New kind of universal quantum computers

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Team around Wolfgang Lechner The team around Wolfgang Lechner (right): Kilian En
Team around Wolfgang Lechner The team around Wolfgang Lechner (right): Kilian Ender, Anette Messinger and Michael Fellner (from left) © Erika Bettega (ParityQC)

The computing power of quantum computers is currently still very low. Increasing it is currently still proving to be a major challenge. Physicists at the University of Innsbruck now present a new architecture for a universal quantum computer that overcomes such limitations and could be the basis for building the next generation of quantum computers in the near future.

In a quantum computer, quantum bits (qubits) serve as a computing unit and memory at the same time. Because quantum information cannot be copied, it cannot be stored in a memory as in a classical computer. Because of this limitation, all qubits in a quantum computer must be able to interact with each other. This is currently still a major challenge for building powerful quantum computers. In 2015, theoretical physicist Wolfgang Lechner, together with Philipp Hauke and Peter Zoller, addressed this difficulty and proposed a new architecture for a quantum computer, now named the LHZ architecture after the authors. "This architecture was originally designed for optimization problems," recalls Wolfgang Lechner of the Institute of Theoretical Physics at the University of Innsbruck. "In the process, we reduced the architecture to a minimum in order to solve these optimization problems as efficiently as possible." In this architecture, the physical qubits do not represent individual bits, but represent the relative coordination between the bits. "This means that all qubits no longer have to interact with each other," explains Wolfgang Lechner. With his team, he has now shown that this parity concept is also suitable for a universal quantum computer.

Complex arithmetic operations are simplified

Parity computers can perform interacting gate operations - computing operations between two or more qubits - on a single qubit. ÜExisting quantum computers already implement such operations very well on a small scale," explains Michael Fellner from Wolfgang Lechner’s team. "However, with the number of qubits, it becomes more and more complex to implement these interacting gate operations." In two publications in Physical Review Letters and Physical Review A, the Innsbruck scientists now show that parity computers can, for example, perform quantum Fourier transformations - a fundamental building block of very many quantum algorithms - with significantly fewer computational steps and thus more quickly. "Due to the high parallelism of our architecture, the well-known Shor algorithm for factoring numbers, for example, can be executed very efficiently," Fellner explains.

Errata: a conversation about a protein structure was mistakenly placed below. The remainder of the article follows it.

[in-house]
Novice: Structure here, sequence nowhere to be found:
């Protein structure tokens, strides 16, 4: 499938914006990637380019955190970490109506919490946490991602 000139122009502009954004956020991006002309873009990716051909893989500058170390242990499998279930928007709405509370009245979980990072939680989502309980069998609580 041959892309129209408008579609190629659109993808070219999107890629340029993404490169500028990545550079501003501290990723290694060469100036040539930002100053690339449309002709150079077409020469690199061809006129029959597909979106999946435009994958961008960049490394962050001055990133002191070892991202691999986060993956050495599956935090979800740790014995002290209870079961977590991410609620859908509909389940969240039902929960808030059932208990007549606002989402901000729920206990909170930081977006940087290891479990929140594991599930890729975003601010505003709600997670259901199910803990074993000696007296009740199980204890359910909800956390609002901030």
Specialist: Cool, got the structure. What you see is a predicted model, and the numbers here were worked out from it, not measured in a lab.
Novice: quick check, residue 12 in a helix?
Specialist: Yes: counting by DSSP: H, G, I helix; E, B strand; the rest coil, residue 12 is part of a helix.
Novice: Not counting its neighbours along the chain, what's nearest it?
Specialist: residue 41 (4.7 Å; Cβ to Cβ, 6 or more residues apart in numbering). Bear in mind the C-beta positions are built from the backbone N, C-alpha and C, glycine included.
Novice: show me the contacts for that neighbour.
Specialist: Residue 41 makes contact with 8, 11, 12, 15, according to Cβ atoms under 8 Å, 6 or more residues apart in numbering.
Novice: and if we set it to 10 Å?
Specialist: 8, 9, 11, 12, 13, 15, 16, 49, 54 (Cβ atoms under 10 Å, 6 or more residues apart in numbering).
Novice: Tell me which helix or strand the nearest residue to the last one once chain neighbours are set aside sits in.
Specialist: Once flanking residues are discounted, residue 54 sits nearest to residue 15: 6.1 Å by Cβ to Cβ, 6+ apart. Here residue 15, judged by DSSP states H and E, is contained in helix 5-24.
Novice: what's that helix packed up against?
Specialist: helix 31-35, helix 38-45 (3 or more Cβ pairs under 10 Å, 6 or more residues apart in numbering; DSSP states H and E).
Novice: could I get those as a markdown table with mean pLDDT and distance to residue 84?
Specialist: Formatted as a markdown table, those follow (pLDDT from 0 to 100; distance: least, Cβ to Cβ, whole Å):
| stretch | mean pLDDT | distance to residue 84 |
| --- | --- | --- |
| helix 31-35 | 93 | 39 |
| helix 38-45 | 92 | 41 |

Two-stage error correction

The new concept also offers hardware-efficient error correction. Because quantum systems are very sensitive to interference, quantum computers must correct errors continuously. Significant resources must be devoted to protecting quantum information, which greatly increases the number of qubits required. "Our model works with a two-stage error correction, one type of error (bit flip error or phase error) is prevented by the hardware used," say Anette Messinger and Kilian Ender, also members of the Innsbruck research team. There are already initial experimental approaches for this on different platforms. "The other type of error can be detected and corrected via the software," Messinger and Ender say. This would allow a next generation of universal quantum computers to be realized with manageable effort. The spin-off company ParityQC, co-founded by Wolfgang Lechner and Magdalena Hauser, is already working in Innsbruck with partners from science and industry on possible implementations of the new model.

The research at the University of Innsbruck was financially supported by the Austrian Science Fund FWF and Forschungsförderungsgesellschaft FFG.


Universal Parity Quantum Computing. Michael Fellner, Anette Messinger, Kilian Ender, and Wolfgang Lechner. Phys. Rev. Lett. 129, 180503 (2022) doi: 10.1103/PhysRevLett.129.180503

Applications of Universal Parity Quantum Computation. Michael Fellner, Anette Messinger, Kilian Ender, and Wolfgang Lechner, Phys. Rev. A 106, 042442 (2022) doi: 10.1103/PhysRevA.106.042442